The Executive Secretary of the International Centre for Research and Documentation on African Traditions and Languages (CERDOTOLA), Professor Binam Bikoi has applauded the ingenuity of the African Union (AU) for proclaiming 2021 the “Year of Arts, Culture and Heritage”.
This African Union (AU) theme for 2021 has been argued to be slightly off-topic, as recent AU themes included ending conflict (2020), the plight of refugees (2019), the fight against corruption (2018), empowering the youth (2017) and promoting gender equality (2015, 2016).
This year’s theme was proposed by former Malian president Ibrahim Boubakar Keita, deposed in a coup in August 2020.
Arguably, Mali is one of the African countries best placed to champion such a theme. It has a rich and undervalued cultural heritage – from the Touareg nomads in the desert north, Timbuktu and its ancient scrolls, and the Dogon sites near Mopti and Djenne to the Bambara culture with its rich history and ancestral belief systems.
Yet in the era of COVID-19 and at a time of economic hardship and continuing strife across the continent, prioritizing African Arts, Culture and Heritage will no doubt be a daunting task to accomplish by the AU.
Professor Binam Bikoi noted that culture incorporates social behaviour and norms of a society as well as the language, knowledge, beliefs, traditions, arts, customs, capacities and habits of a certain community and the 2021 theme is a declaration at a continental level for member states to invest more resources in promoting national and regional cohesion by investing in African culture and heritage as a vehicle for promoting and achieving the national economic and social development goals outlined in Africa’s Agenda 2063.
He affirms further that the documents “The AU Year of the Arts, Culture And Heritage: Levers for Building the Africa We Want” outlining the theme of the year, presented at a recent AU summit, recognised the devastation caused by the corona virus pandemic. It also emphasise ‘the role arts, culture and heritage can play as catalysts for the socio-economic development and integration of the African continent’. The project timeline set out by the AU includes events to promote African music, tourism, fashion design and visual arts. He argues that in-country tourism has also become a lifesaver for the tourism industry in many countries. Making citizens more aware of their own heritage at a time they cannot travel abroad is one of the hidden benefits of the pandemic lockdowns.
He also asserts that globally, the Cultural and Creative Industries (CCIs) play a key role in contributing to GDP. Hence, this proclamation grants recognition to the importance of CCIs in achieving the agenda and objectives of regional integration and sustainable economic growth and development. African arts and culture could certainly be used as a vehicle for economic development, notably in promoting the revival of tourism in a post-COVID-19 era. The Year of Arts, Culture and Heritage is happening at a time when the continent is still grappling with the effects of the COVID-19 pandemic which has imposed heavy human, financial and economic costs to Africa.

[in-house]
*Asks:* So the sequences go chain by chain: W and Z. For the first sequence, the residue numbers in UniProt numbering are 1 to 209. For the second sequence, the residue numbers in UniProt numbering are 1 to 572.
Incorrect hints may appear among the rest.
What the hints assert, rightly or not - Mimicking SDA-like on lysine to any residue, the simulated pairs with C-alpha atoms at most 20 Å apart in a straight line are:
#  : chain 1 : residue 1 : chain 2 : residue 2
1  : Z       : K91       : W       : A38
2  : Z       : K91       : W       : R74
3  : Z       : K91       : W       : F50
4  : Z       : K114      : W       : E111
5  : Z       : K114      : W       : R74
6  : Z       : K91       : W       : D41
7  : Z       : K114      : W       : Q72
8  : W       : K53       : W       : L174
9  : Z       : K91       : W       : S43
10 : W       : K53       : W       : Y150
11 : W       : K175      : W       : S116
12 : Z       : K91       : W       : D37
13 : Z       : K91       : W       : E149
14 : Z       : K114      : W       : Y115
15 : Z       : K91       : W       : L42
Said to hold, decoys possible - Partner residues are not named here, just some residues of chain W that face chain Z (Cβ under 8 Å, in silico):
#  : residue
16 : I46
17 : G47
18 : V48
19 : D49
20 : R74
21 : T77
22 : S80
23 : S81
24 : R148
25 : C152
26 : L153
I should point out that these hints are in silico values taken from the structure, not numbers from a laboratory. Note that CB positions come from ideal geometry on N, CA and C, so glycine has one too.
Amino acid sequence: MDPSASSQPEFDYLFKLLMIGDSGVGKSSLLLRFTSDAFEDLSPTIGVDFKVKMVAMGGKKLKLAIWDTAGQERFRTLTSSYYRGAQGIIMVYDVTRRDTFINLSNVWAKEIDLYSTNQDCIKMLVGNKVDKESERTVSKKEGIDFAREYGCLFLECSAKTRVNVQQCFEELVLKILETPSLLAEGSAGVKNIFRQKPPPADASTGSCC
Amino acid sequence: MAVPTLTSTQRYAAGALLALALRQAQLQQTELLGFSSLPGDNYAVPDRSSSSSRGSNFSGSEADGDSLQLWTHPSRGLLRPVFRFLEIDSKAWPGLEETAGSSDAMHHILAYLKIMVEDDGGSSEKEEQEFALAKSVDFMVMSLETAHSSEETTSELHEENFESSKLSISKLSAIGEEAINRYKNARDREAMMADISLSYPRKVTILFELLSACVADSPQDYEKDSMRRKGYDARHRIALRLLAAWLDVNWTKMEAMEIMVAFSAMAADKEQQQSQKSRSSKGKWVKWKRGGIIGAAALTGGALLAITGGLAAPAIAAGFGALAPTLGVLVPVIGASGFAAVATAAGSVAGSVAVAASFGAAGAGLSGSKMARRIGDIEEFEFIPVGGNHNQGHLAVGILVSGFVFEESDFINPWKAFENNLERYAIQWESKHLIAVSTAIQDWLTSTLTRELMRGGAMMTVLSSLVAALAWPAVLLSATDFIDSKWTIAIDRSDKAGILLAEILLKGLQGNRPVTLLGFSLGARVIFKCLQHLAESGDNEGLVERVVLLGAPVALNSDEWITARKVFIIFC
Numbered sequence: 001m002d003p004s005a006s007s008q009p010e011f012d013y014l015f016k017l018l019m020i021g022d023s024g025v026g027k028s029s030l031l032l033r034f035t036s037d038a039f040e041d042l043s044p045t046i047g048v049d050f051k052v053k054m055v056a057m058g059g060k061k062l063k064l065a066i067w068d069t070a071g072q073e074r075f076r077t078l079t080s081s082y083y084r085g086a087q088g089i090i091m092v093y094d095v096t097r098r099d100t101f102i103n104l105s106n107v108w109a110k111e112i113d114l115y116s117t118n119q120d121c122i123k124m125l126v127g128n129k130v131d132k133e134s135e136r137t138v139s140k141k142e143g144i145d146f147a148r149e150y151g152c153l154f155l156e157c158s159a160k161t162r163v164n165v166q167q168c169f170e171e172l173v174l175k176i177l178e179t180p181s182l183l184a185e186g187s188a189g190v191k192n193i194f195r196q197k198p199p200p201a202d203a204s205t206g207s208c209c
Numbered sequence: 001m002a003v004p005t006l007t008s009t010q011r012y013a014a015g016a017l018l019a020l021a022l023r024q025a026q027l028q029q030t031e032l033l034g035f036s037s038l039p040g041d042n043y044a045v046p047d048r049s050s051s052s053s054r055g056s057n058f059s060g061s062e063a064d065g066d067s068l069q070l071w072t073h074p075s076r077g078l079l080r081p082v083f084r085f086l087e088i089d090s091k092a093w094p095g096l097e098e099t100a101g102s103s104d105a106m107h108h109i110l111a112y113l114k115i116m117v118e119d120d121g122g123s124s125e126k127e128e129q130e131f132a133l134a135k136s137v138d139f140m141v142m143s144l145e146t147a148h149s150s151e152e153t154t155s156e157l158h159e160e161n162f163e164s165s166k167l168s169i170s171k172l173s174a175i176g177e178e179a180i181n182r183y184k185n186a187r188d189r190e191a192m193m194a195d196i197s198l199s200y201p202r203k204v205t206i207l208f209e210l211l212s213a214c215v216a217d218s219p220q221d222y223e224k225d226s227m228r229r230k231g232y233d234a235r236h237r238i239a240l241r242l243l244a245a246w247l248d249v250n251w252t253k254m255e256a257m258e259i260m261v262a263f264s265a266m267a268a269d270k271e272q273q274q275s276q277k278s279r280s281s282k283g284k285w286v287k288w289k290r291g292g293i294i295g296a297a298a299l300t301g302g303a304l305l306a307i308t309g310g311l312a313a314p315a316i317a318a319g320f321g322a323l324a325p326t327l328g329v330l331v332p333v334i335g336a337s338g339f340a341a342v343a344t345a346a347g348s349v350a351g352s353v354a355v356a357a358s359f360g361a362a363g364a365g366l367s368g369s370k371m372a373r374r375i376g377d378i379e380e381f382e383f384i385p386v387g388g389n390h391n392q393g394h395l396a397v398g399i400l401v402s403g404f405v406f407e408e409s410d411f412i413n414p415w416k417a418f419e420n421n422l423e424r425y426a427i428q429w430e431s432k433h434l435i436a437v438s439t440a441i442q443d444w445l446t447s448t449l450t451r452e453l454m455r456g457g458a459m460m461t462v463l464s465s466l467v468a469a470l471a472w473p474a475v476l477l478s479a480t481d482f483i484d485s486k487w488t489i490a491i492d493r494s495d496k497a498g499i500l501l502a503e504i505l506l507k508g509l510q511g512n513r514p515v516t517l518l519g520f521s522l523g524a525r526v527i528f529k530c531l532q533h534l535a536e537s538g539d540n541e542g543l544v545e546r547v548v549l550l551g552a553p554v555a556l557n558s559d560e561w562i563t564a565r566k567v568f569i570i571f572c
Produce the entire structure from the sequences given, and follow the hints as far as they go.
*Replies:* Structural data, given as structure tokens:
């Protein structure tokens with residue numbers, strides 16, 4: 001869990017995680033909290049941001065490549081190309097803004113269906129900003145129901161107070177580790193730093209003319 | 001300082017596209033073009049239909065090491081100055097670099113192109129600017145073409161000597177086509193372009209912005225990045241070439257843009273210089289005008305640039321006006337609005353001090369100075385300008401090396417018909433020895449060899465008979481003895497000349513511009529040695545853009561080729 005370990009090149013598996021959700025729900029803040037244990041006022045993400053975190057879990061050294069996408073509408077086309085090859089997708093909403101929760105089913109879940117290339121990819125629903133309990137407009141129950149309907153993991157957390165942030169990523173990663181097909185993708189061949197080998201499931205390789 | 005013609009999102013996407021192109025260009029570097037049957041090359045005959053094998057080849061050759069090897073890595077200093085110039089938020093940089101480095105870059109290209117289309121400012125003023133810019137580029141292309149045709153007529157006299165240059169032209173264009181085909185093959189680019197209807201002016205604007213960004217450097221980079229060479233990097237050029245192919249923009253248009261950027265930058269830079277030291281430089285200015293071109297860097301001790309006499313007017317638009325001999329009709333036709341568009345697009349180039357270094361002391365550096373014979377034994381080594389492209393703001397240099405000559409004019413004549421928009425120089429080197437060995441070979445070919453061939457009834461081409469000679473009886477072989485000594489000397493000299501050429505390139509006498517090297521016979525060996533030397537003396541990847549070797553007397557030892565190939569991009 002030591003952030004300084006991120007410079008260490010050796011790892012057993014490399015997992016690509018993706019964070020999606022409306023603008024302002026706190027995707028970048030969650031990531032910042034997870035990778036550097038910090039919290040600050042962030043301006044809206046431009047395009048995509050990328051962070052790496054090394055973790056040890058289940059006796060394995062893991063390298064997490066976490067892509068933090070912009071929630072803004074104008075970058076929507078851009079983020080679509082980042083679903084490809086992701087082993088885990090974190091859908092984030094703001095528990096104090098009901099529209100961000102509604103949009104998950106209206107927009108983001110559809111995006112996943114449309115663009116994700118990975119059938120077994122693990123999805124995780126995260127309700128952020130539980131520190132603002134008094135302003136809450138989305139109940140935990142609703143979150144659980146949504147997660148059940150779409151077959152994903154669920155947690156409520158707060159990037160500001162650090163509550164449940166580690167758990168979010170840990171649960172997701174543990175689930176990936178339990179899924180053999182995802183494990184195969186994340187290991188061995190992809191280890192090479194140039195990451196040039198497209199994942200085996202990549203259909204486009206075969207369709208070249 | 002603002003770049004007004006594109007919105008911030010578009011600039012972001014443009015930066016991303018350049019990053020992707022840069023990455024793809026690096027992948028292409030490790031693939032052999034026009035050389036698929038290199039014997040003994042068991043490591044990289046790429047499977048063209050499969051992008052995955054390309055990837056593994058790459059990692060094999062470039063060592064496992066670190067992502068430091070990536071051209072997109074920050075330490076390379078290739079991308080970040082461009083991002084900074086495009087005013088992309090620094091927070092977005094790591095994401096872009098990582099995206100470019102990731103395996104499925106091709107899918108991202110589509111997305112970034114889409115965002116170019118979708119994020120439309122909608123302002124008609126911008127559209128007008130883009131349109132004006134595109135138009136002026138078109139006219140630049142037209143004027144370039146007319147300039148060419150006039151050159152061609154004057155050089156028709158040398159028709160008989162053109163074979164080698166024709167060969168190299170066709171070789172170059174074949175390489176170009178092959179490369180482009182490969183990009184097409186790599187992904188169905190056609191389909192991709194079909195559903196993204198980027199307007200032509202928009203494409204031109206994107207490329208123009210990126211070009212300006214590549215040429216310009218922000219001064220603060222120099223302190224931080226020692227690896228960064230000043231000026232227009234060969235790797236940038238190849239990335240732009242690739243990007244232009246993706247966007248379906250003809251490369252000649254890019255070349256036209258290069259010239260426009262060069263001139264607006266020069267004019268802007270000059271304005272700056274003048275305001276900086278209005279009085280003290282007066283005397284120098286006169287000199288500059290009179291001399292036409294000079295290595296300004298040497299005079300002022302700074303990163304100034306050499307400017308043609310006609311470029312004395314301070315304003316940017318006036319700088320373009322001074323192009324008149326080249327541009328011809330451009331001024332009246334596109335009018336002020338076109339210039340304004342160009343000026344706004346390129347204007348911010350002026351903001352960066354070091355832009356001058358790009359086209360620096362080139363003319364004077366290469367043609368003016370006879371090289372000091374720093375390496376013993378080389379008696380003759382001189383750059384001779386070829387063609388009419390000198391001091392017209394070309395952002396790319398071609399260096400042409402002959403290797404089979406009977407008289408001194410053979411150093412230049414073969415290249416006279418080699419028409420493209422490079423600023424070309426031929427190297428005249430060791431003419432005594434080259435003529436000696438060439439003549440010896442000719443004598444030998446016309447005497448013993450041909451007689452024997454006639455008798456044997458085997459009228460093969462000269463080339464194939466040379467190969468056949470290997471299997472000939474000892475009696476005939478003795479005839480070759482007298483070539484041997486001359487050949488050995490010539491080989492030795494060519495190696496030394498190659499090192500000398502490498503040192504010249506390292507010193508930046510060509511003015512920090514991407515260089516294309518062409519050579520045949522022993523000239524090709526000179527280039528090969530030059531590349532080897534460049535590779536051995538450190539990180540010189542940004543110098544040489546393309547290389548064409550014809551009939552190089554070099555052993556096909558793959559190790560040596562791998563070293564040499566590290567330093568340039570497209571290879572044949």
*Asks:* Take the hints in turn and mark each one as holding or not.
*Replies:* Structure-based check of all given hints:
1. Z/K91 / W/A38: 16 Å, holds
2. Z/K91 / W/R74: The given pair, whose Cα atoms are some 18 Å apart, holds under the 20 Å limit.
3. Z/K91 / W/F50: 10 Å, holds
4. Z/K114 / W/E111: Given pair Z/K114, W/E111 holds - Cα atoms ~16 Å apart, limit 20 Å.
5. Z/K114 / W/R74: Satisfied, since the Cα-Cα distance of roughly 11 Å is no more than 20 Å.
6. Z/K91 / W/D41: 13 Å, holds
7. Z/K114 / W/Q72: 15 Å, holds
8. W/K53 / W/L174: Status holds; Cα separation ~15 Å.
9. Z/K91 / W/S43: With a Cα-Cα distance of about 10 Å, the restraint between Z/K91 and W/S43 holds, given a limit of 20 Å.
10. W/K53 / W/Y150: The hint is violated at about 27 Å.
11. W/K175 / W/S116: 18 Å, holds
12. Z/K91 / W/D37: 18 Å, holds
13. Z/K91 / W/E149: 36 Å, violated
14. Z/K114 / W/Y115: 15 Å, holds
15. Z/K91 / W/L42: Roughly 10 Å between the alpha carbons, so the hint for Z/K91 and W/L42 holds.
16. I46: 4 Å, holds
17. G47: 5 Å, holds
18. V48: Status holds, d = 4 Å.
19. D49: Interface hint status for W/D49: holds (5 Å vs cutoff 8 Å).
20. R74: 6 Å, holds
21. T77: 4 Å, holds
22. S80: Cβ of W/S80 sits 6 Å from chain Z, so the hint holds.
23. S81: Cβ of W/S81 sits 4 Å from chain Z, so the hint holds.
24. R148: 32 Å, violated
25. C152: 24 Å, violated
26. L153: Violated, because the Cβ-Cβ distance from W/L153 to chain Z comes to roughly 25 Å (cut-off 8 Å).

However, during the pandemic, the Creative and Cultural Industries in Africa have played a key role in contributing efforts towards prevention and combating the spread of COVID-19 and furthermore the increased use of technology has created new spaces for CCIs sector to thrive by using digital platforms to promote their goods and services. The pandemic has provided an opportunity to re-examine the continent’s socio-economic priorities, including the role of cultural workers, towards contributing to building stronger and more resilient health and social sectors, promoting equality, inclusion, social cohesion and African Renaissance, as inspired by the Ubuntu Philosophy ‘I AM because YOU ARE; YOU ARE because I AM’.
Thus, the declaration of 2021 as the year of the Arts, Culture and Heritage will ensure that at continental, regional and national levels, the African Union, its member states and Regional Economic Communities (RECs) working with partners in both public and private sector, will allocate the necessary resources and implement the relevant policies and programmes towards establishing a more robust and sustainable creative industrial sector. In addition, the Theme of the year 2021 will enable the increased advocacy for the ratification of the Charter for African Cultural Renaissance (which to date has only been ratified by 14 of the 55 member states), the implementation of the Plan of Action on Cultural and Creative Industries in Africa which aims to promote the safeguarding, organization, production, marketing, distribution, exhibition and preservation of African cultural and creative industries as well as the teaching of the arts and AU Model Law on the Protection of Cultural Property and Heritage which aims to implement the legislative guidelines for the preservation and protection of Africa’s arts and cultural heritage.